In awe is an idiom that means:

Having a great amount of respect or admiration for someone, sometimes to the point of feeling nervous or fearful around them.

It can take other forms and means the same thing, like:

  • It left you [in awe / awed].

  • That always leaves you [in awe / awed].

As "awed" is a participle adjective, can I substitute other synonyms to it with preserving the indicated meaning of its origin, such as:

It left you stupefied.


It left you alarmed.


I'm aware that those two, even if they are considered synonyms to "awed" according to Thesaurus, mean different things.

  • 2
    Yes, you can substitute other past participles in this sentence. No, the meaning won't be the same. – JavaLatte May 25 '19 at 13:14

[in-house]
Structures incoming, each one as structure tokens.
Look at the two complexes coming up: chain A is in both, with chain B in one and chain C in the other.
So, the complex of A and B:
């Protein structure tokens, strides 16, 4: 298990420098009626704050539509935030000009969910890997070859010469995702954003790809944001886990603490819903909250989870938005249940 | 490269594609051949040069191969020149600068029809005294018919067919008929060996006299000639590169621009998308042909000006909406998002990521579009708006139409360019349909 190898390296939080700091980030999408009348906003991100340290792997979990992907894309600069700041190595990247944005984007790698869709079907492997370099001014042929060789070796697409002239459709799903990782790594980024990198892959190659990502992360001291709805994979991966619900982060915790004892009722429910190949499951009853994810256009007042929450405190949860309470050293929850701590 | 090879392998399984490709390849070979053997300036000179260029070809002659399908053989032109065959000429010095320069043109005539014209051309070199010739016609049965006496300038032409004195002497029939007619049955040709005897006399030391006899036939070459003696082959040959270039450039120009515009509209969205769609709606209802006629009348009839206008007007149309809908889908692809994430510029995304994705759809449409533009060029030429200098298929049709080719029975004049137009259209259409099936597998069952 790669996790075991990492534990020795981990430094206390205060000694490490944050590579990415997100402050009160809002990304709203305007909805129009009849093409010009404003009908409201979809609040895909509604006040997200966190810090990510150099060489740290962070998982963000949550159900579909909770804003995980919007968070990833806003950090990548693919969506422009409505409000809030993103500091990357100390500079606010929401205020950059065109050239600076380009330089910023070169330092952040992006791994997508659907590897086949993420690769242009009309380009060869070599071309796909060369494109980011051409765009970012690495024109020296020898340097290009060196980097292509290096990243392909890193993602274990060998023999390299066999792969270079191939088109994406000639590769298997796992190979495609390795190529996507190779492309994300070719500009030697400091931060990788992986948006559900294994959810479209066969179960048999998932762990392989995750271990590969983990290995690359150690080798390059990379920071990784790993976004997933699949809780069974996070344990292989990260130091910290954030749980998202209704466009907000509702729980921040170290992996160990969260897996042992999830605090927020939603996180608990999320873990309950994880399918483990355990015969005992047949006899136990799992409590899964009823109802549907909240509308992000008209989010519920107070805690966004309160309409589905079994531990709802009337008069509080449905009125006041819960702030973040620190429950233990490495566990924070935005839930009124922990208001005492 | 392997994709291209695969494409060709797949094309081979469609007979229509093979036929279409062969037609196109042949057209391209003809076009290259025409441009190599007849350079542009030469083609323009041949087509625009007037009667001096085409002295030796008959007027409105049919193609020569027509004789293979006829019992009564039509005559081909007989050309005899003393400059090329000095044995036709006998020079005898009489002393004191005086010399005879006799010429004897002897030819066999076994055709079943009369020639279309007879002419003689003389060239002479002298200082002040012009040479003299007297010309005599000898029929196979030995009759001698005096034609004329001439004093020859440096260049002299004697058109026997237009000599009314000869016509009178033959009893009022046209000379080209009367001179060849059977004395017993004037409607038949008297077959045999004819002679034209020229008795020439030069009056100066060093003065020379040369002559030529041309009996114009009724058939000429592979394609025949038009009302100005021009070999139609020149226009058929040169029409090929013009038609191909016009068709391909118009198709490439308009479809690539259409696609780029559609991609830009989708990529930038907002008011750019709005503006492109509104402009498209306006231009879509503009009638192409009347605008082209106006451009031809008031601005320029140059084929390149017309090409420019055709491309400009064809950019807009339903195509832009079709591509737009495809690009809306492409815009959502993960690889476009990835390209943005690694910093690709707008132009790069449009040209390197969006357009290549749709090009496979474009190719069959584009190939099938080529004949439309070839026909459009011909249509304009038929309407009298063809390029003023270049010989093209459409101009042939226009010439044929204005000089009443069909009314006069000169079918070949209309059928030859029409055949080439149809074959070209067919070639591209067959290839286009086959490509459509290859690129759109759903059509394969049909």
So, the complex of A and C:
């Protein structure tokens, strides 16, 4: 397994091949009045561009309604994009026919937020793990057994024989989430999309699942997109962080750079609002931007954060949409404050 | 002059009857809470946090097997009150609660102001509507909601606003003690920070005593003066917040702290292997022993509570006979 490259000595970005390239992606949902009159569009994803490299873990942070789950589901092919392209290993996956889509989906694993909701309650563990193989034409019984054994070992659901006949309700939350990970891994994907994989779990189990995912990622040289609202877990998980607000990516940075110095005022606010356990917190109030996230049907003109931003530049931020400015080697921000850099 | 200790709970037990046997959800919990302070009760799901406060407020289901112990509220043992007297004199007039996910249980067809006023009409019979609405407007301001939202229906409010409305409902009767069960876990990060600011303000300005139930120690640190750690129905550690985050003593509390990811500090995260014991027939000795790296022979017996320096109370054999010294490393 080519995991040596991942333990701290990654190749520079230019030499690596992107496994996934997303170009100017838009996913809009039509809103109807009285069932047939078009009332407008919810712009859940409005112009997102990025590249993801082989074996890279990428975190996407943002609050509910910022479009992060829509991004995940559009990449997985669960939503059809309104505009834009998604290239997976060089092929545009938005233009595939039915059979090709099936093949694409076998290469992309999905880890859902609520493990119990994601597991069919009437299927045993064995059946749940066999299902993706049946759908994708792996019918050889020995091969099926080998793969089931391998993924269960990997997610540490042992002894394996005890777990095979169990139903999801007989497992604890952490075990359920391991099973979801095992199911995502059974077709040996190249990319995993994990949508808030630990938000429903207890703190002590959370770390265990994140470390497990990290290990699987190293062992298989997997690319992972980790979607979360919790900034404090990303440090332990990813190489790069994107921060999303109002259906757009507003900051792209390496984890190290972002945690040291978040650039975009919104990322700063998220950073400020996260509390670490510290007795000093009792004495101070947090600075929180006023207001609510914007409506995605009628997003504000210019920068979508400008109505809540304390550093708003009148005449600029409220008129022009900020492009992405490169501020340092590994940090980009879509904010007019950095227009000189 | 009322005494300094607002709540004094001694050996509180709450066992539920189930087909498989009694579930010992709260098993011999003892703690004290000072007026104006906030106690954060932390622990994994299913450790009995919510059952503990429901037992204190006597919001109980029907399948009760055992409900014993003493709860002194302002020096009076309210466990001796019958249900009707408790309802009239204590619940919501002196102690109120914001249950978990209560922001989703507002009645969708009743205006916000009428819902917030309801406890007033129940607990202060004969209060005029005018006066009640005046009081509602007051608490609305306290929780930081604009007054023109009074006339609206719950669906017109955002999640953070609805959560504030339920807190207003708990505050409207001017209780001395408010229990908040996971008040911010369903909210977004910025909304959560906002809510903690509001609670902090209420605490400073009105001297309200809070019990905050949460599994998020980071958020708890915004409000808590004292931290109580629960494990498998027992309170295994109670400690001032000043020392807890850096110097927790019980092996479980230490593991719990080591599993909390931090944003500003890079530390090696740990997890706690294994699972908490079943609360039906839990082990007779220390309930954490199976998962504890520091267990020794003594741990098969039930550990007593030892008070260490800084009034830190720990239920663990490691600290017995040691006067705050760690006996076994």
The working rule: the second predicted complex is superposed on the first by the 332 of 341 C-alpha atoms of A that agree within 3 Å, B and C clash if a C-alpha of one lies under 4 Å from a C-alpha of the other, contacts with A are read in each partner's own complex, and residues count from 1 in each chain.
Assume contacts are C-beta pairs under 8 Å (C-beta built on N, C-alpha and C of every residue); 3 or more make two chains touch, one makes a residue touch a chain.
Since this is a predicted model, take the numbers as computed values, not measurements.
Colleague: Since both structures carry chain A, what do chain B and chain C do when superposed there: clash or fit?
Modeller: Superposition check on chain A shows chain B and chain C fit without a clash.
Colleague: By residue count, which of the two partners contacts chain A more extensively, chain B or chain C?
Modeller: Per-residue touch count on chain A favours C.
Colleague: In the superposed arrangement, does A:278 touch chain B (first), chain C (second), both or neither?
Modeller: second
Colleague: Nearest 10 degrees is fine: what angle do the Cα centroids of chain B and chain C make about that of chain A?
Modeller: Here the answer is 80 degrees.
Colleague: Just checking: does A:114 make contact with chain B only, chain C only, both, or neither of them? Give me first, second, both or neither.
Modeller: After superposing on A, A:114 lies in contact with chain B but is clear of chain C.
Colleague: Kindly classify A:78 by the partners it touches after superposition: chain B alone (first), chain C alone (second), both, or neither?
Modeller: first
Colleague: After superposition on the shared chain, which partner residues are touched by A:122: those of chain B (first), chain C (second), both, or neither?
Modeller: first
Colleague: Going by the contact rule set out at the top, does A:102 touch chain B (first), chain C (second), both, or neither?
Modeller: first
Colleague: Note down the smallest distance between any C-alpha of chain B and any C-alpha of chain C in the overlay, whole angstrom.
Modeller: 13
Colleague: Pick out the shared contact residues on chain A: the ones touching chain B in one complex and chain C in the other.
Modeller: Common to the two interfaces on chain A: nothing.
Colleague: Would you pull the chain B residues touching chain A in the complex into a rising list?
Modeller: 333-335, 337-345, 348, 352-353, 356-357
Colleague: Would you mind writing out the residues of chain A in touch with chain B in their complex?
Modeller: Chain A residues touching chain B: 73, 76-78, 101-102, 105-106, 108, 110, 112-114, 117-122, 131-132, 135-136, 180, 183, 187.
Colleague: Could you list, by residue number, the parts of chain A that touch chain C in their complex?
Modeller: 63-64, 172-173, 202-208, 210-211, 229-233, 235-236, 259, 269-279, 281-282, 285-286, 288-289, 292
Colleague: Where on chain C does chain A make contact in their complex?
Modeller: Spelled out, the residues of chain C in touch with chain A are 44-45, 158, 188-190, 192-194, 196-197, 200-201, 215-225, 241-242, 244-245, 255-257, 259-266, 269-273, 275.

• Thank you JavaLatte. Would they also be substituted in the structure "left you in awe", like: "It left you in stupefy/alarm" And, would they mean the same thing in their structure "It left stupified/alarmed"? – Tasneem ZH May 25 '19 at 19:01
  • 1
    Yes you can, if you use the right noun form. alarm and fear both work, but stupefy is not a noun form- use the corresponding noun, stupefaction, instead. – JavaLatte May 26 '19 at 10:35

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